Dad took us to the pool while Mom set up shop and had a lie down. When we were young, it was fun; we all played together. Then Lynn got older and was supposed to "watch" me but all she wanted to do was lie on a chaise and get a tan.
     "I'll be a dolphin!" I would squeak. I always wanted to be an animal, as being a human often seemed boring and pointless. Sometimes she would humor me (usually when there were no other kids), other times she would ignore me. Then I'd be forced to throw water on her or snap her bathing suit top, she'd hold me under water, I'd fight and then cry, and we'd go back to our corners and sulk until dinner.

     Lynn had bad eyesight, and was forbidden to take her glasses on the beach lest they get lost, broken, or scratched by the sand. This meant that I had the upper hand for once. "That cute lifeguard is staring at you!" I would say. She'd squint desperately in the general direction I was pointing. I got some satisfaction from the idea that she thought she was missing a really "gorgeous guy" admiring her. Even better was silently slipping away and leaving her frantically trying to figure out her way back to the family beach towels.

     Every year I got a little better at surviving the ocean. I learned to dive under waves, bodysurf, and swim out of rip currents. How to curl into a ball and safely roll up the beach when my feet got knocked out from under me. When and where to collect the best shells. One summer I spent most of my time walking hunched over along the shoreline, collecting shark's teeth.
    "You look like an orangutan," Mom observed.

     Once I found a five dollar bill floating in the surf. I spent an hour on the boardwalk that evening, deciding how to spend it. Lynn suggested a necklace, fudge, a snowglobe with palm trees. I chose a coconut carved to look like a shrunken head.
     "You put that thing somewhere in your room where I don't have to look at it," was the only comment.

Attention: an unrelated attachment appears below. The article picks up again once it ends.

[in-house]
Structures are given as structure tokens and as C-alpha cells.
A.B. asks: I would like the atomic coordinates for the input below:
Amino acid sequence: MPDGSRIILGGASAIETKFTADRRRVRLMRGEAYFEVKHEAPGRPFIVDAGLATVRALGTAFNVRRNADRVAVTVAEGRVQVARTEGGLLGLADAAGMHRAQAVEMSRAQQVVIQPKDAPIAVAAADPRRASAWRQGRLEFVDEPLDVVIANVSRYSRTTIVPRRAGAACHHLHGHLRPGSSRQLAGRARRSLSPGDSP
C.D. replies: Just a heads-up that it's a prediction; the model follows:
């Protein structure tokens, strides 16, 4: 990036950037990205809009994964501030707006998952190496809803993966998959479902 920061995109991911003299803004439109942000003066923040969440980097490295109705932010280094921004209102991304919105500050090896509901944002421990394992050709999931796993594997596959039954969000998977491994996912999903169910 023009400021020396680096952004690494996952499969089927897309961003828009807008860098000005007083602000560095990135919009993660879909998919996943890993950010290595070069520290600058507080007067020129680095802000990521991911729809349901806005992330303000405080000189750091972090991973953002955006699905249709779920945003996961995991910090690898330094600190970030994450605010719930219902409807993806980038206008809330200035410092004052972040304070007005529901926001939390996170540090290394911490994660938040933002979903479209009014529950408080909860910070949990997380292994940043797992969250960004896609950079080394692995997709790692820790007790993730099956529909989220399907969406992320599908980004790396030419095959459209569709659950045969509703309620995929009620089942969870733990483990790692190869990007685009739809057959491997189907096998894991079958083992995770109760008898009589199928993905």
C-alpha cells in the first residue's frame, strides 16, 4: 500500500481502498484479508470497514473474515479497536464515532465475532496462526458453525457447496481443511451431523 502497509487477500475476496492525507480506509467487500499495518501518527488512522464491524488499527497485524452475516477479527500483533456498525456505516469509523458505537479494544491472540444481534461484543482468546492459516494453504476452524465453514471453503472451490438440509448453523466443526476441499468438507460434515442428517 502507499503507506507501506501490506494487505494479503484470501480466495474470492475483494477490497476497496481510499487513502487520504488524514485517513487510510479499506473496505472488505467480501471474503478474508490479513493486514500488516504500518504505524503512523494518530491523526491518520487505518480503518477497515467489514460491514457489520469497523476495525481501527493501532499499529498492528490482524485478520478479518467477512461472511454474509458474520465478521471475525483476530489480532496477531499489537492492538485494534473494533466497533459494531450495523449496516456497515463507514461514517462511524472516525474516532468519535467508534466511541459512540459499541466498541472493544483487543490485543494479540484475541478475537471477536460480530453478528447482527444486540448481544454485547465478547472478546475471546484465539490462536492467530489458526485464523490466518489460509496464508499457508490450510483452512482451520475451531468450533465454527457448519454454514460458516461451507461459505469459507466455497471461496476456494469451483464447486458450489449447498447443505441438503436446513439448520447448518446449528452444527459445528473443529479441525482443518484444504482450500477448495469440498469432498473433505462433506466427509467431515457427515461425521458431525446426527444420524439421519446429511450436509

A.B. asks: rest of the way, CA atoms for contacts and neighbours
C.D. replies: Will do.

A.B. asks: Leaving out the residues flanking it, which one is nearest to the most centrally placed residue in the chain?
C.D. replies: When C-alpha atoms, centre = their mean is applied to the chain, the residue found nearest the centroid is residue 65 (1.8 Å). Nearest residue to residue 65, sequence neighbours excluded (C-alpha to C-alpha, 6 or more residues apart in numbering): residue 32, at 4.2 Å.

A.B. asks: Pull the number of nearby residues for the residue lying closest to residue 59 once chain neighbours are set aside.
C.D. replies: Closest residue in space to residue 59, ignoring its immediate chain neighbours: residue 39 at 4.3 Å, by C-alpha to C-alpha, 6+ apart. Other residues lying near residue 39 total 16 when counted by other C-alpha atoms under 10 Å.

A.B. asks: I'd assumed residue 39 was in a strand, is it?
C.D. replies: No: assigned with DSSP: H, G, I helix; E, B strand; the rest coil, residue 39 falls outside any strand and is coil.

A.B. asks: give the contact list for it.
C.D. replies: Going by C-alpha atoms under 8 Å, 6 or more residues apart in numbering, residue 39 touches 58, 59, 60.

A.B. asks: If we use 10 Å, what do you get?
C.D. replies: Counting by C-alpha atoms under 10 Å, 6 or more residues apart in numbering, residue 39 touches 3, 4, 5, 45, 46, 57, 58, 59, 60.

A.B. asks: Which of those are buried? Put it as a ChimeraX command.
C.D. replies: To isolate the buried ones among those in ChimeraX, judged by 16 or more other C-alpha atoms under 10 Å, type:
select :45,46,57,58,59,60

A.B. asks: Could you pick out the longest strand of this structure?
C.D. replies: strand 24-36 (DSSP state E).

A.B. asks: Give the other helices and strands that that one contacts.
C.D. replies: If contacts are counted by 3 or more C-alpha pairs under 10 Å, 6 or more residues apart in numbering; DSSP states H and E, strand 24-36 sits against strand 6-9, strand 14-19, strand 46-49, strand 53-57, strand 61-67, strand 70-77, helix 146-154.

It sat on my dresser until I went to college, at which point it disappeared.

     So Zaberers is gone, the Pontiac is gone, the Friendship 7 is now condos. Wildwood has changed, but many of the old motels are still there. The boardwalk still has its amusement piers, Douglass fudge, and tram cars (Watch the tram cars, please. Watch..www...watch the tram cars, please.)  My sister and I are both mothers - and best friends. And we took our kids to the beach.

     My son cut his foot on a shell and had to be carried, crying, over the hot sand to wash his foot at the street shower, then carried back to the beach towels. It's a long walk. My niece and nephew fought viciously over who would ride in the stroller and who would push it. We loaded ourselves like pack mules with chairs, coolers, rafts, sand toys, diaper bags, blankets and towels, walked to the beach, and then listened to them all fight over toys, kick sand on everything and complain of boredom after 15 minutes. One would stand at the water's edge and cry from fear. The other would plunge in and happily try and drown herself.  They didn't like sand, struggled like greased pigs while we tried to daub every spot of flesh with suntan lotion, and left stinking piles of shells in drawers and suitcases. They ordered food and then threw away at least half. They had to pee but didn't want to use public restrooms. My son would go to the arcade, ostensibly to play video games, and end up gambling with a bunch of old ladies. And winning. We are never going anywhere again. Ever.

     When they got older, two of them sneaked out of the room in the middle of the night; seeing a police car they ran. One tried to climb over a fence and gashed his leg badly enough that an ambulance had to be called. (The middle-of-the-night knock on the door that every parent dreads.) OK. This is it. We are NEVER going anywhere again. Ever. I'm serious.

     Looking at my toddler granddaughter, I realize that soon I will be doing it all over again. Because 
"We are NEVER going anywhere again. Ever." is family code for "We'll be doing it again next year. Same time, same place. And we will have a good time, or die trying."
 
     Oh... what about my neighbors, you ask?
     Hell, they've never even been to the beach.
     I pity them.